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Spotlight on... Dr Martina Micheletti

Where do you live?
Docklands – near Canary Wharf
What is your current role and who do you work for?
I’m a Senior Lecturer at UCL, in the small but wonderful department of Biochemical Engineering
How did you get into the job – and what were you doing for work beforehand?
I came to London in 2000 to start my doctoral studies at King’s College, and I had planned to go back to Italy to find a job in the pharmaceutical industry but I really loved doing research and started looking for jobs in London. I was lucky to get an interview as Research Associate in my current department in an exciting multidisciplinary projects working with biologists, chemists and biochemists to design the next generation biocatalysts, after which I definitely decided to look for a job in the Biochemical Engineering field.
What does a typical day involve?
During term time a typical day would start with lecture revision and workshop preparation before teaching, then meetings with my PhD students and discuss their latest results, and finally sorting out my tutees, currently studying abroad, who are looking to get their study plans approved.
What kind of qualities do you need? What specific qualifications do you need?
As an academic I am involved in many projects at the same time, requiring project management skills, creativity, communication skills and logic (a bit of everything then!). We need to be up to date with the latest scientific findings, which is the most interesting thing for me. A career in academia requires a PhD doctorate or equivalent, with the best possible publication record, and in some cases a Research Associate or equivalent post.
What are the best things about your chosen career?
I love the flexibility that this job offers, and the need to be involved in very different things throughout the day. Being surrounded by and working with young people is refreshing and interesting at the same time and I enjoys the responsibility of inspiring and teaching the next generation of engineers and scientists.
Why would you recommend a career in engineering to others?
Engineering is about engaging in problem solving to help others (society, the economy). My research aims at making better medicines in a more affordable way and it is a privilege to contribute to such profound aim. If you are looking for an engaging and dynamic career where you can really make a contribution to improve the world in which we live than engineering might be for you!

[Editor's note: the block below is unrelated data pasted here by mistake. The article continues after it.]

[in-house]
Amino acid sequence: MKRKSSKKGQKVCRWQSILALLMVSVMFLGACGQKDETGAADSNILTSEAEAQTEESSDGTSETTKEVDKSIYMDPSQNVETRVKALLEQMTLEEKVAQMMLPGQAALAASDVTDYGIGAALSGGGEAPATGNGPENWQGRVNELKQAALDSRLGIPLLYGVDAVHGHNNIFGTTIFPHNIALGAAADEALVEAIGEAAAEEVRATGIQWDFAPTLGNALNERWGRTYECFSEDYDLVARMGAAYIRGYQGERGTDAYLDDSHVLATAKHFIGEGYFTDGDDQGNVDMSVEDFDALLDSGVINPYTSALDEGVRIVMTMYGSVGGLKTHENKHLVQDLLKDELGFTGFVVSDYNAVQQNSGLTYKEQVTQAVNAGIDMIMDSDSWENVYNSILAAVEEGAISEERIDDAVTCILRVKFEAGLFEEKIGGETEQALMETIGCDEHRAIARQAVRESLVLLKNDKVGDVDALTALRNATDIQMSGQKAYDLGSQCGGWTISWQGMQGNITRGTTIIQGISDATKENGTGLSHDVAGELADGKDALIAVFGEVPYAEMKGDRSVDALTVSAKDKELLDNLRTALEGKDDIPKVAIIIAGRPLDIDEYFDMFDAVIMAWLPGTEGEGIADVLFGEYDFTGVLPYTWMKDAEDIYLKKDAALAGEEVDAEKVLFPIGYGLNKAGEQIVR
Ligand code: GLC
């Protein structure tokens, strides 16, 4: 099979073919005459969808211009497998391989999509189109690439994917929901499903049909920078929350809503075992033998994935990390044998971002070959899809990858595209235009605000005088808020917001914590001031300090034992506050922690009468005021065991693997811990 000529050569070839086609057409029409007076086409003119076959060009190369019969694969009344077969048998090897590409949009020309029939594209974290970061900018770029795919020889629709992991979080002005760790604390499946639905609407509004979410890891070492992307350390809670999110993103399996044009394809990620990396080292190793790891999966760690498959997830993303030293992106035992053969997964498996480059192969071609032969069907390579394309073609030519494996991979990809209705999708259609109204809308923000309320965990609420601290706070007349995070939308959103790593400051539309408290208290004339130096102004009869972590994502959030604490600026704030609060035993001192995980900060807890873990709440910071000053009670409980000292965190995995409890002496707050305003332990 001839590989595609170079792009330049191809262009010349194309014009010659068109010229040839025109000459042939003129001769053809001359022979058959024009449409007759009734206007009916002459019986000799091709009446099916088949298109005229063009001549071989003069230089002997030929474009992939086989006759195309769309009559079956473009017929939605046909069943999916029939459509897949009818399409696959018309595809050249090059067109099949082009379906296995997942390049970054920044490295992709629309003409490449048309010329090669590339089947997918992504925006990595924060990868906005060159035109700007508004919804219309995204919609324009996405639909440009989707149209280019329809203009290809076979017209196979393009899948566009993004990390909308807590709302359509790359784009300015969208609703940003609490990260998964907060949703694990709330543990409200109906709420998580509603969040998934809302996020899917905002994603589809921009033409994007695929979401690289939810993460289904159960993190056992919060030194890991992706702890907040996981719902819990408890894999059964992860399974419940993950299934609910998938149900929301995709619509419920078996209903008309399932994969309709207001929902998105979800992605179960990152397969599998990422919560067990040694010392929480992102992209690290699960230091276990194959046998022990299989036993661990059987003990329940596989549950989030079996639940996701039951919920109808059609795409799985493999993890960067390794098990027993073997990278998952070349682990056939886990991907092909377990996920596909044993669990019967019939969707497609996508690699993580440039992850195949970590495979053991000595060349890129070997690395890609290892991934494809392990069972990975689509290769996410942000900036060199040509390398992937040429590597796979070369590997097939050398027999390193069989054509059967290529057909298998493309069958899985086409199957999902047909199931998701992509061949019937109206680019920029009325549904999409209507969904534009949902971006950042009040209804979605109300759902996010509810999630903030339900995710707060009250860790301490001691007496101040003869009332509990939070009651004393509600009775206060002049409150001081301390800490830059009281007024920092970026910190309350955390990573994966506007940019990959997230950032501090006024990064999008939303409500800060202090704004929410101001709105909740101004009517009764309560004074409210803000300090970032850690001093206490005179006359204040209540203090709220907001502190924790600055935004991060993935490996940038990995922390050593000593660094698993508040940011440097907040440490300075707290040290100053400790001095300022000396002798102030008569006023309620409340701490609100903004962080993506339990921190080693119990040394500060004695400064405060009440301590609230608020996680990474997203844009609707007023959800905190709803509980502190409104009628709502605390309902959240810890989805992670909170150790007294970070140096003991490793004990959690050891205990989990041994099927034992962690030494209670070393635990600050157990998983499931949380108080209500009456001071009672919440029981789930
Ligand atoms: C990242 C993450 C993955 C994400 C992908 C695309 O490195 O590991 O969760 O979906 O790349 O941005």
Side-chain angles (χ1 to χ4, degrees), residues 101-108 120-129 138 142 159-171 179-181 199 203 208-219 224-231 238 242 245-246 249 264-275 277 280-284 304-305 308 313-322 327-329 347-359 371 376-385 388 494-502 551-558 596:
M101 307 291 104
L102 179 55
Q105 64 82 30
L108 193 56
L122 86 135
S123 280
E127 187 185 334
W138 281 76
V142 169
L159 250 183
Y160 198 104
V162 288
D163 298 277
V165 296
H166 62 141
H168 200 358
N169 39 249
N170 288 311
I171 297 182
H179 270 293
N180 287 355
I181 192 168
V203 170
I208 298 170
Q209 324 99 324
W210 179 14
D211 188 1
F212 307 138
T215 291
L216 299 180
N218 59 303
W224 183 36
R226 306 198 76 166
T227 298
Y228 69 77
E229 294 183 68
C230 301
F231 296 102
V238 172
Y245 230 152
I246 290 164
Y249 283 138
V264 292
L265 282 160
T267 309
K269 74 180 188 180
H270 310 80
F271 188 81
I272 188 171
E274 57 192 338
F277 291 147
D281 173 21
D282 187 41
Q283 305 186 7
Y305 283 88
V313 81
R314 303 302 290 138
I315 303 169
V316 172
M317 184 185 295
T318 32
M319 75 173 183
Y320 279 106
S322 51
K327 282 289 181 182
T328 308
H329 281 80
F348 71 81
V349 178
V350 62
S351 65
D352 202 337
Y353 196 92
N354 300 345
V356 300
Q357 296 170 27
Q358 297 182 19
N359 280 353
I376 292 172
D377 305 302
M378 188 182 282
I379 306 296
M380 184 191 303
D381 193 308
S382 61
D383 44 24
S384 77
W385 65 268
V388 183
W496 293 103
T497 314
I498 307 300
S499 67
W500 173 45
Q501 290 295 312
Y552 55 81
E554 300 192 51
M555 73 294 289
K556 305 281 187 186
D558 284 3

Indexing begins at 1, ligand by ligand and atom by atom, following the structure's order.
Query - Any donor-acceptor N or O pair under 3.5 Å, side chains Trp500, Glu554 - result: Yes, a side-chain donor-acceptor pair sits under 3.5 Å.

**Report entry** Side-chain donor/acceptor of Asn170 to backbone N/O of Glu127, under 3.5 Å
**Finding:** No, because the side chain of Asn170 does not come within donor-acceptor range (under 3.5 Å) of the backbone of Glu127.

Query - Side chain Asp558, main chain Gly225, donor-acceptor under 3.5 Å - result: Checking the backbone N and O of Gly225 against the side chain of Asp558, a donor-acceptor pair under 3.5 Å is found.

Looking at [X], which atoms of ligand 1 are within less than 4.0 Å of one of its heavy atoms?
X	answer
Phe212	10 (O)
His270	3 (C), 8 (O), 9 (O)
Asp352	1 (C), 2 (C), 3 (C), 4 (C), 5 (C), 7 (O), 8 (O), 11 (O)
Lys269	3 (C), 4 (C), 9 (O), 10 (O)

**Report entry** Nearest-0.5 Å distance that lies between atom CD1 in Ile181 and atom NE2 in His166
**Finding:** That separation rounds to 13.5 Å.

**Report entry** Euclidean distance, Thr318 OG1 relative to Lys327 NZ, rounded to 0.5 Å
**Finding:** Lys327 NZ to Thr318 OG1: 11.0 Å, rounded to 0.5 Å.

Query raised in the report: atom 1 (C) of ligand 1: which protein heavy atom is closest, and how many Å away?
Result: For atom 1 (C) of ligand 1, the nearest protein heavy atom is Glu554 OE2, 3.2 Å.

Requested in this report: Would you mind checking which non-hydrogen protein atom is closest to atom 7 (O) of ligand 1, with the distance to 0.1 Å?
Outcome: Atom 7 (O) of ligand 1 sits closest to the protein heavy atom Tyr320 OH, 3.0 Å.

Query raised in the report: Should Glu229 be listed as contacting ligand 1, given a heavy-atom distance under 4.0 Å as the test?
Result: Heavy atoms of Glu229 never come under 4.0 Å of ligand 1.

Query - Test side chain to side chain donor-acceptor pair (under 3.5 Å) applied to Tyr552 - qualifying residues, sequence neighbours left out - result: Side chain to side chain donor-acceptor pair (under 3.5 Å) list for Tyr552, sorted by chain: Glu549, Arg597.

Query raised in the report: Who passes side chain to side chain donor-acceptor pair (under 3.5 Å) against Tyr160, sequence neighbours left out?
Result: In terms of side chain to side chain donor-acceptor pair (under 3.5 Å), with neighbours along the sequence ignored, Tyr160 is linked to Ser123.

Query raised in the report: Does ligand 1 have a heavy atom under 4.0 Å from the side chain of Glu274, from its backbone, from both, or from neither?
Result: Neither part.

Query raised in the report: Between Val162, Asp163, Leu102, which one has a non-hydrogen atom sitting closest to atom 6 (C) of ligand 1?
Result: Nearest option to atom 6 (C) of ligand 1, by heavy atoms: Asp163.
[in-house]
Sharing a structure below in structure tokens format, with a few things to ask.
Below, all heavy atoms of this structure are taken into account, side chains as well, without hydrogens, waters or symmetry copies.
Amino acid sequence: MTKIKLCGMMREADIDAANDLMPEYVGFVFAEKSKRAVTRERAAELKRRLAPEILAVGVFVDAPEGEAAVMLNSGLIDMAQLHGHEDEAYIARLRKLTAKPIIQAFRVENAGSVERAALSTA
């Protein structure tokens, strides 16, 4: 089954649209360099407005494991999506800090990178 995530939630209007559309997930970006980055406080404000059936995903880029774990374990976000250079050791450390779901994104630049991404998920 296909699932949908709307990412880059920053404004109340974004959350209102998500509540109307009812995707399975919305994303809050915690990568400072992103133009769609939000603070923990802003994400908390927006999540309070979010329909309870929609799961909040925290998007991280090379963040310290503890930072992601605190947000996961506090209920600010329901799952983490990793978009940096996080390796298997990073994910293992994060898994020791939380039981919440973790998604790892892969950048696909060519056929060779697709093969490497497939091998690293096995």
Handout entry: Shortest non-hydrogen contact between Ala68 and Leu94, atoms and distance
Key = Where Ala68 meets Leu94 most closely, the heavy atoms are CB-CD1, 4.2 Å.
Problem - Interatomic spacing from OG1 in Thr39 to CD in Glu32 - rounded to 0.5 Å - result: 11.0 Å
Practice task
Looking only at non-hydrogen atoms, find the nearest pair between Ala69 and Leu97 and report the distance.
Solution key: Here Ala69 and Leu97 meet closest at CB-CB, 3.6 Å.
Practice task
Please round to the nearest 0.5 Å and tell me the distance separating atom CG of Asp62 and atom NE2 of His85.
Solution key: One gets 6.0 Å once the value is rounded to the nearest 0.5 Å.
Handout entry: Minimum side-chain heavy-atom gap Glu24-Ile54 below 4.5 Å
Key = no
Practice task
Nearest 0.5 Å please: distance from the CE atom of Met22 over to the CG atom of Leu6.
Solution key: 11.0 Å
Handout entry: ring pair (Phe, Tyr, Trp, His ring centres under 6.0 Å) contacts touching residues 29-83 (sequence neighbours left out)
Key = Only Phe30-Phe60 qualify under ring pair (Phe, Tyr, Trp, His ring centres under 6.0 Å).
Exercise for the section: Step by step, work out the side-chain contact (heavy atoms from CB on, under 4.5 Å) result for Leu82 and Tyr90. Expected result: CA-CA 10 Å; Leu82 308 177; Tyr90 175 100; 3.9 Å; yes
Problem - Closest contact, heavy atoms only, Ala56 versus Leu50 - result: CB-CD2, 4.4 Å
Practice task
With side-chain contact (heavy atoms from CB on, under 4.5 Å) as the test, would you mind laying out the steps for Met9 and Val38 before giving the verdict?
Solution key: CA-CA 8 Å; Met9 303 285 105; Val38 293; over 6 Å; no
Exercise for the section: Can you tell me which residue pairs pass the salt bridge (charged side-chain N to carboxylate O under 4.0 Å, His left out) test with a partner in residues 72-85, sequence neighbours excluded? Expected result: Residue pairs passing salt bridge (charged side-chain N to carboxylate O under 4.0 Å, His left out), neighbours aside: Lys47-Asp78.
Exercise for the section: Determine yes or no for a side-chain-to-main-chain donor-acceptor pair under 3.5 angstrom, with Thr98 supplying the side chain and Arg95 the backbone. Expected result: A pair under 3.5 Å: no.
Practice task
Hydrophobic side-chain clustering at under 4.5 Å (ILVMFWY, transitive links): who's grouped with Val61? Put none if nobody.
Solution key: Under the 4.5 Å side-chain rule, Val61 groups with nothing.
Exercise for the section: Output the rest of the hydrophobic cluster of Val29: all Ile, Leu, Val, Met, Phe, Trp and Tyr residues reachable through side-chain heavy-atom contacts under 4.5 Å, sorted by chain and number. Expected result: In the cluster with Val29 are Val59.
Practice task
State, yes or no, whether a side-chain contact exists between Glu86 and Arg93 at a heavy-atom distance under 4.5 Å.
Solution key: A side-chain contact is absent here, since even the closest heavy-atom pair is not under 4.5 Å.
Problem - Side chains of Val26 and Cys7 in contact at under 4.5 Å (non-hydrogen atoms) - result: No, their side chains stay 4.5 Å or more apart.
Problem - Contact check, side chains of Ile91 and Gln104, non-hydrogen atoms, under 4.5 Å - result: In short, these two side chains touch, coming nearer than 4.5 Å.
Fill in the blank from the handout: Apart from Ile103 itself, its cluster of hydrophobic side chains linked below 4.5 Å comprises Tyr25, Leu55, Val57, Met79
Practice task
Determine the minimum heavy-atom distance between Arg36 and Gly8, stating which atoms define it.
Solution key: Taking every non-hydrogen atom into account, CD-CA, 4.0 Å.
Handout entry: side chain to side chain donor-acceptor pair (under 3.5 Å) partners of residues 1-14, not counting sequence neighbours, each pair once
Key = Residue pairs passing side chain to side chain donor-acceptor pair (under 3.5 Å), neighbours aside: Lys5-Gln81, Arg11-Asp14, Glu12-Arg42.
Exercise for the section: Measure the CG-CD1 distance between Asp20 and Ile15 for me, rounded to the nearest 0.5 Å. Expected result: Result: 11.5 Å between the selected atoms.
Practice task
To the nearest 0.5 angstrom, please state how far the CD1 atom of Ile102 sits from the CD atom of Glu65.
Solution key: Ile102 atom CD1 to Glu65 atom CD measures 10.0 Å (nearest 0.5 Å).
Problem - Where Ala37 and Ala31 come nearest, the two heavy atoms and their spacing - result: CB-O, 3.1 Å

And what advice would you give to people who want to move into the industry?
Biochemical Engineering is a relatively new discipline that not many know about despite making the headlines quite often. It requires a passion for engineering and life sciences, especially biochemistry and biology, and an interest in how to translate a scientific discovery into a real product.
Has being a female had any negative or positive aspects in your career path?
Not really, I got used of being in a male dominated environment in the early stages of my career. Currently Biochemical Engineering has a higher than average % of female students in comparison to the national average and I’m passionate about progressing gender equality issues to ensure women are represented in leadership position in my institution. More...

Published: Apr 19, 2016 10:33:09 AM


Spotlight on... Dr Brenda Parker

Questions for ‘Featured Engineer’ profile in a future issue of the Woman Engineer More...

Published: Apr 19, 2016 10:30:10 AM


Biochemical Engineering team win £207k Newton award

Research highlight: ‘Towards a sustainable bio-economy in Colombia: Vinasse valorisation and bioprocessing’.

John Ward (PI), Brenda Parker and Gary Lye (Biochemical Engineering) have won a £207k British Council Newton Fund International Links award with Icesi University (Columbia).
Over 500.000 litres of vinasse are produced daily in Colombia by sugar and yeast production industries. Due to its application as fertilizer with an unbalanced nutritional composition, it is polluting soils and groundwater sources. Icesi has previously identified and quantified in vinasse aconitic acid (TAA), a biopolymer precursor, although extracting TAA will not substantially change its composition. UCL has been working on fractionating and valorising UK-based renewable feedstocks. Thus, to address this environmental threat we propose a long-term research and training partnership between UCL and Icesi, aiming at: (i) developing a bioprocess strategy for the vinasse resulting in the extraction and use of valuable chemicals and (ii) the production of nutrient-rich digestate and biogas for its use by the Colombian farming community. The above will result in a reduction of environmental pollution, economical valorisation of the byproduct, and savings to the sugarcane industry. More...

Published: Apr 19, 2016 10:00:27 AM

Page last modified on 19 apr 16 09:44